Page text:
It is soapbox time at the Fairegarden. Sometimes a thought gets pushed to the forefront of the cerebral cortex and jumps up and down until it, the thought, gets to have its say. Often this jumping happens at the beginning of a new year when there is little actual gardening going on outside to distract us. (The above shot is meant to suggest a box, perhaps that once held soap. Work with me here.)
This thought began when we were visiting offspring Brokenbeat and his lovely wife in Asheville. We are co-owners with them of an ice cream shop there, two locations now, The Hop and The Hop West, click on their logo on the sidebar to find out more if you wish. Brokenbeat was getting ready to go to work, opening the Hop West location which is very close to their home in West Asheville. How convenient it is to be but a few blocks away, talk about a short commute time. He can bicycle there.
Showered, he grabbed a t-shirt from the laundry and pulled it over his head. It was black in color and on the back it reads “Local is the new black”. As a local businessman, it makes perfect sense to advertise how important the small locally owned shops are to the economy. In these times of huge conglomerate big box stores with multi-billion dollar advertising campaigns, chains of restaurants and yes, even chain ice cream shops, keeping the dollars in the area is a worthwhile goal. The little guys need our help.
Next time you are shopping in one of the large stores, check the labels for the location of manufacturing. You will most likely see the words “Made in China” on nearly every single item. It is my goal to be more aware of where stuff is produced, including our food and produce.
If you can’t grow it in your own backyard, the most local of all, there are local farmer’s markets with plenty of good stuff available. As gardening consumers, we are lucky that most of the plant material for sale is grown in our region. Sometimes the greenhouses where propagation and germination occur are right on the premises of the nursery, like at our beloved Mouse Creek Nursery, to read more about it, click here-OOTS-Mouse Creek Nursery. This is where my plant budget dollars will be spent. Last year a conscious effort was made to drive on by the big box store, even though it is quite close to my house, when on the mission of fulfilling the plant buying addiction. Mouse Creek is a treasure and the owner Ruth is a friend. I want them to stay afloat in a tough economy and will help them when at all possible.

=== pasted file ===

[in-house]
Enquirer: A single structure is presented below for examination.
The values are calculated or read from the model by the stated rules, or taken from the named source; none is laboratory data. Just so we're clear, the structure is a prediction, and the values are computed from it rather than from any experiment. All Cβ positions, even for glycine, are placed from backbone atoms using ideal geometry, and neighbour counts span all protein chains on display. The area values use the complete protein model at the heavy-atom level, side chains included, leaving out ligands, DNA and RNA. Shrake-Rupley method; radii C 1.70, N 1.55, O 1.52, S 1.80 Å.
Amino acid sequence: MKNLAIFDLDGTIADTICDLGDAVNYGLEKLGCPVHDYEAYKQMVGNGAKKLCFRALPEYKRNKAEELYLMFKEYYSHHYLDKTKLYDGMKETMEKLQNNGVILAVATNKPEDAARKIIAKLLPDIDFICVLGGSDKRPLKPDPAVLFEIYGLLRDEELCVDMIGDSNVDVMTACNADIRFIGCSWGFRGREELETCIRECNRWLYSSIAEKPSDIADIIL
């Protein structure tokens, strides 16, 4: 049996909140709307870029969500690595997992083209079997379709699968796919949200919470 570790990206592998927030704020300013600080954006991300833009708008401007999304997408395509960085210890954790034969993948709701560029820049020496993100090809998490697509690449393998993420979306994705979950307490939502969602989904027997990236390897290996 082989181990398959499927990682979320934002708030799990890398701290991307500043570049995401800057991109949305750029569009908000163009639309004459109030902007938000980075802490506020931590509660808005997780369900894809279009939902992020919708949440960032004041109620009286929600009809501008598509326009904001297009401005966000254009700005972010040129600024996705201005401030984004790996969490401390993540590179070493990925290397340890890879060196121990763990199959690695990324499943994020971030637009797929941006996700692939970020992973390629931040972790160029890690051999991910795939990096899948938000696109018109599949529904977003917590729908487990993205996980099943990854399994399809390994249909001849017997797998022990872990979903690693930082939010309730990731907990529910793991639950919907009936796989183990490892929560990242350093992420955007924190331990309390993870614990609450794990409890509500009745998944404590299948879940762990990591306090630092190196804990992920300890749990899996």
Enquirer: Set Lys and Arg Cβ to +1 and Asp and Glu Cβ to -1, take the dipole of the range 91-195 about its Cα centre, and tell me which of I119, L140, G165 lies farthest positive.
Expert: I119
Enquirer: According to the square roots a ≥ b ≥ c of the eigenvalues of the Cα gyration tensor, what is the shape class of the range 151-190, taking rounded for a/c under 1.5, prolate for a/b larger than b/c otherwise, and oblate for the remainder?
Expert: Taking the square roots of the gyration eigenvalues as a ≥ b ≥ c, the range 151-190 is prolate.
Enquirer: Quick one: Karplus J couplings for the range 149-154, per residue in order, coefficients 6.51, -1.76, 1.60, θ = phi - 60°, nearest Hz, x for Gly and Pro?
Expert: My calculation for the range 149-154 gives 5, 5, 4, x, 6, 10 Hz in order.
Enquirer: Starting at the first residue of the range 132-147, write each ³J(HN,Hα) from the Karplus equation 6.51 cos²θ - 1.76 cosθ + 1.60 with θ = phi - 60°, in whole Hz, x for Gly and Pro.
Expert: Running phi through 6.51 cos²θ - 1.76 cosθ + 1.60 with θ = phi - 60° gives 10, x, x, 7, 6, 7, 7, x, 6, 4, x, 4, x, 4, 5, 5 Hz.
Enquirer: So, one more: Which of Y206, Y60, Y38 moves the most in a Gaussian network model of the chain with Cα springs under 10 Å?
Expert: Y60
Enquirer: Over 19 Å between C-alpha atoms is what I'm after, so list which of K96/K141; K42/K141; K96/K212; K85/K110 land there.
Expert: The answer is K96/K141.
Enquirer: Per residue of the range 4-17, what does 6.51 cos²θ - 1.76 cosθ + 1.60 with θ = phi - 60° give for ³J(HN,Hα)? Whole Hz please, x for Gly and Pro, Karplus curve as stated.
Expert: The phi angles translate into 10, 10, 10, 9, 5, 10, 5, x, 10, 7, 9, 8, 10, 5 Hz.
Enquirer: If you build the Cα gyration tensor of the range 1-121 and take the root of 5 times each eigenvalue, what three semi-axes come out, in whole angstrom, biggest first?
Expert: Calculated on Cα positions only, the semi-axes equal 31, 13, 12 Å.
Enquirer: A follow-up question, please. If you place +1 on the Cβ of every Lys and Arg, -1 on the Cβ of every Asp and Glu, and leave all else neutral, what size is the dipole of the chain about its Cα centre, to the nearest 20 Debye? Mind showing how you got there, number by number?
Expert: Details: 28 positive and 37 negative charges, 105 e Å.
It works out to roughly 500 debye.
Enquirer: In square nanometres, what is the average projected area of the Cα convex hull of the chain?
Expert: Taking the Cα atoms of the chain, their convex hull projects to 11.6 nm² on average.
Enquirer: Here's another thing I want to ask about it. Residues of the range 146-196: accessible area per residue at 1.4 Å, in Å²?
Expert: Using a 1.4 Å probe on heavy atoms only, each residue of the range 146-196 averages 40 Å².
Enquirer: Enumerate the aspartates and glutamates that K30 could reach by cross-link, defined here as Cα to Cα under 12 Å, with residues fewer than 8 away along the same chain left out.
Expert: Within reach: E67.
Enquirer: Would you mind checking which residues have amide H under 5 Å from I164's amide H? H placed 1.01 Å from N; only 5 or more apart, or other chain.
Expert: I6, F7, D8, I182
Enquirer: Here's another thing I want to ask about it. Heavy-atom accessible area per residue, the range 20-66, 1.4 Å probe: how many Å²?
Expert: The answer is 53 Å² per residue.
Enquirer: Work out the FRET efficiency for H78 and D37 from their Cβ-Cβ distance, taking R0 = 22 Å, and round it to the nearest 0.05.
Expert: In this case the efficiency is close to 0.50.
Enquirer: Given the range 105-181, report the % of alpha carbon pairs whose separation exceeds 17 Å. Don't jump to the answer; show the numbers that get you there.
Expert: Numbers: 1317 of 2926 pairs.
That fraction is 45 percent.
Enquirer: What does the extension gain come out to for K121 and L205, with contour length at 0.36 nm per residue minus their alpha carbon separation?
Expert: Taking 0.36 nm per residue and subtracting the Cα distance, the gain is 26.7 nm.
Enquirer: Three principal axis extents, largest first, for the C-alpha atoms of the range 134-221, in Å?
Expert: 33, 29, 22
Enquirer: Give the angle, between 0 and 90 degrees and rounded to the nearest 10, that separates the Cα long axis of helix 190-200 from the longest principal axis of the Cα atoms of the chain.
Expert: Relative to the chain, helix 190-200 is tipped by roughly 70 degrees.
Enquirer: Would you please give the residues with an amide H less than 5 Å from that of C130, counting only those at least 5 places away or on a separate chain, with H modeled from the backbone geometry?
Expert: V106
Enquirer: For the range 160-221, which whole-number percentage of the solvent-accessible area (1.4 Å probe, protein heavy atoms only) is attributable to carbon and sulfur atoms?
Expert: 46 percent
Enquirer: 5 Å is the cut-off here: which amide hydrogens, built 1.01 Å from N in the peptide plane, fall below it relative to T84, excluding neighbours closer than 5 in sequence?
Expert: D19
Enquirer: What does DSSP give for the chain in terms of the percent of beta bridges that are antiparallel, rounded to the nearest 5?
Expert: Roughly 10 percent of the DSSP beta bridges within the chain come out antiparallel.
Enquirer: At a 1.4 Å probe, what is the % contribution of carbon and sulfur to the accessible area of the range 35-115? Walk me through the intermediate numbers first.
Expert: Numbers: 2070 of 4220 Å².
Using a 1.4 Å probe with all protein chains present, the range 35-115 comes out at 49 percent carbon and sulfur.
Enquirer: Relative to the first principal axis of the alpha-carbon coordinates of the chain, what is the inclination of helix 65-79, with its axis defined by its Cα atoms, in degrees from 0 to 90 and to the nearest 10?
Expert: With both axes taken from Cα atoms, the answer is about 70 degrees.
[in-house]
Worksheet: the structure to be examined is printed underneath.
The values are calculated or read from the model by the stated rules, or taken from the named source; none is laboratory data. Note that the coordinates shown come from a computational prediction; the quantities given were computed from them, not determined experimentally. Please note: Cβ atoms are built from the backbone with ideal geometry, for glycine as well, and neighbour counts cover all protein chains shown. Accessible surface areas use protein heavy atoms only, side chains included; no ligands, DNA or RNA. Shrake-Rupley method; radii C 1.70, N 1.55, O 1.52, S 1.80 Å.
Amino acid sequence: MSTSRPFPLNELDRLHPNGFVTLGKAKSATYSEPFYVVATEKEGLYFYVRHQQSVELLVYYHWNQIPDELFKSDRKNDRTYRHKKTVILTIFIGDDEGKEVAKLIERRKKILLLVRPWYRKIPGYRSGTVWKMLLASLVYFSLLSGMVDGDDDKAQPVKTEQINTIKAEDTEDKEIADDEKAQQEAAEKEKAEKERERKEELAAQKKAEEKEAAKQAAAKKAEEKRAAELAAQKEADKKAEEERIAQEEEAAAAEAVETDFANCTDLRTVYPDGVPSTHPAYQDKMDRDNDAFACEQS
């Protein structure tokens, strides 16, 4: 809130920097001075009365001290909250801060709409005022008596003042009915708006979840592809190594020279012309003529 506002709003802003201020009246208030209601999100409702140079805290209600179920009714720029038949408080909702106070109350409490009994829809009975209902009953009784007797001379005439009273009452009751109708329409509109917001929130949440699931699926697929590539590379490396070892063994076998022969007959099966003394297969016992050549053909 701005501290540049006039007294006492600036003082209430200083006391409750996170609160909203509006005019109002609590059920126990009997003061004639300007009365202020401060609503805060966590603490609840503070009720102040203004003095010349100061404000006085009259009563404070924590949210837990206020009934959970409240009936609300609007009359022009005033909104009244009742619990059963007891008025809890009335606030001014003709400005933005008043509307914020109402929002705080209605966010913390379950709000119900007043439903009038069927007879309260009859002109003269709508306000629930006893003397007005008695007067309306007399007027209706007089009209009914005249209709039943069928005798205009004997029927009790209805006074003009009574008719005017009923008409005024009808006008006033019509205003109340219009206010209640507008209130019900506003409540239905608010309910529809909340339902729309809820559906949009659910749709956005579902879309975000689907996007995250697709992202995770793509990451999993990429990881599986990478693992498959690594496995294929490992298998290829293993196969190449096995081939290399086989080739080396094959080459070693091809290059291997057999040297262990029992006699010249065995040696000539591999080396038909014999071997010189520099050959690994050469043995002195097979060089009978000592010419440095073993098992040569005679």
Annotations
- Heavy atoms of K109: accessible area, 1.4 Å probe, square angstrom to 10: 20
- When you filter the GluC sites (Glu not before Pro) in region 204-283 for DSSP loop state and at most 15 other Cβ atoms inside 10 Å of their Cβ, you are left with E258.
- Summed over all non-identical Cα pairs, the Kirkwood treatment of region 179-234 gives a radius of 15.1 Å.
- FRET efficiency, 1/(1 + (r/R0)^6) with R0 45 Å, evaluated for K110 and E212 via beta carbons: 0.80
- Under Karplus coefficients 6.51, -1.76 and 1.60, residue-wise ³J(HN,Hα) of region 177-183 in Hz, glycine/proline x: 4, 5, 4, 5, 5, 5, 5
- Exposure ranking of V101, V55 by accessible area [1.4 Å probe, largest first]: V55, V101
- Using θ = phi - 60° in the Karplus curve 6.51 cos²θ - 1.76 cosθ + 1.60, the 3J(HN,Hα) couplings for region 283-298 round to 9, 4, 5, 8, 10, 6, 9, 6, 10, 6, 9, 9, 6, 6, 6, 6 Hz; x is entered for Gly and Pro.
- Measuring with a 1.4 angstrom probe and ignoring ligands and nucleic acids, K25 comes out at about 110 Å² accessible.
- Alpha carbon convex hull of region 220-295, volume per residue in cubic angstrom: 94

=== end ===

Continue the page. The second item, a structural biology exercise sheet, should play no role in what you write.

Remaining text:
One day late last fall I needed a few more violas and some more swiss chard for the container plantings. Ruth was away and her husband was at the helm. I had never really had any contact with him other than seeing him working behind the scenes, repairing one of the greenhouses or cutting the field behind on his tractor. The selections were made and I was ready to pay for the purchases. I wrote out a paper check, one of the only checks written anymore to pay bills since most things are done online now. When he saw my name in the upper left corner, he shouted aloud, “So you are Frances!” Since he handles the bank account, making the deposits of checks collected each week, he knew my checks well. In fact, one of my checks was left in a pocket and washed in their washing machine last summer. Ruth called me with this bad news and I dashed out there to write another to replace the shredded paper. His gratitude was heart warming and it helped me realize how important it is to be a regular customer at a locally owned business, whether it sells plants or ice cream.
And so, dear and gentle readers, may I encourage you to patronize your locally owned businesses whenever possible? Help keep them in the black ink with your hard earned dollars. And if you are so inclined, think of it as being part of the latest fashion trend, cutting edge überchic, for buying local truly is the new black.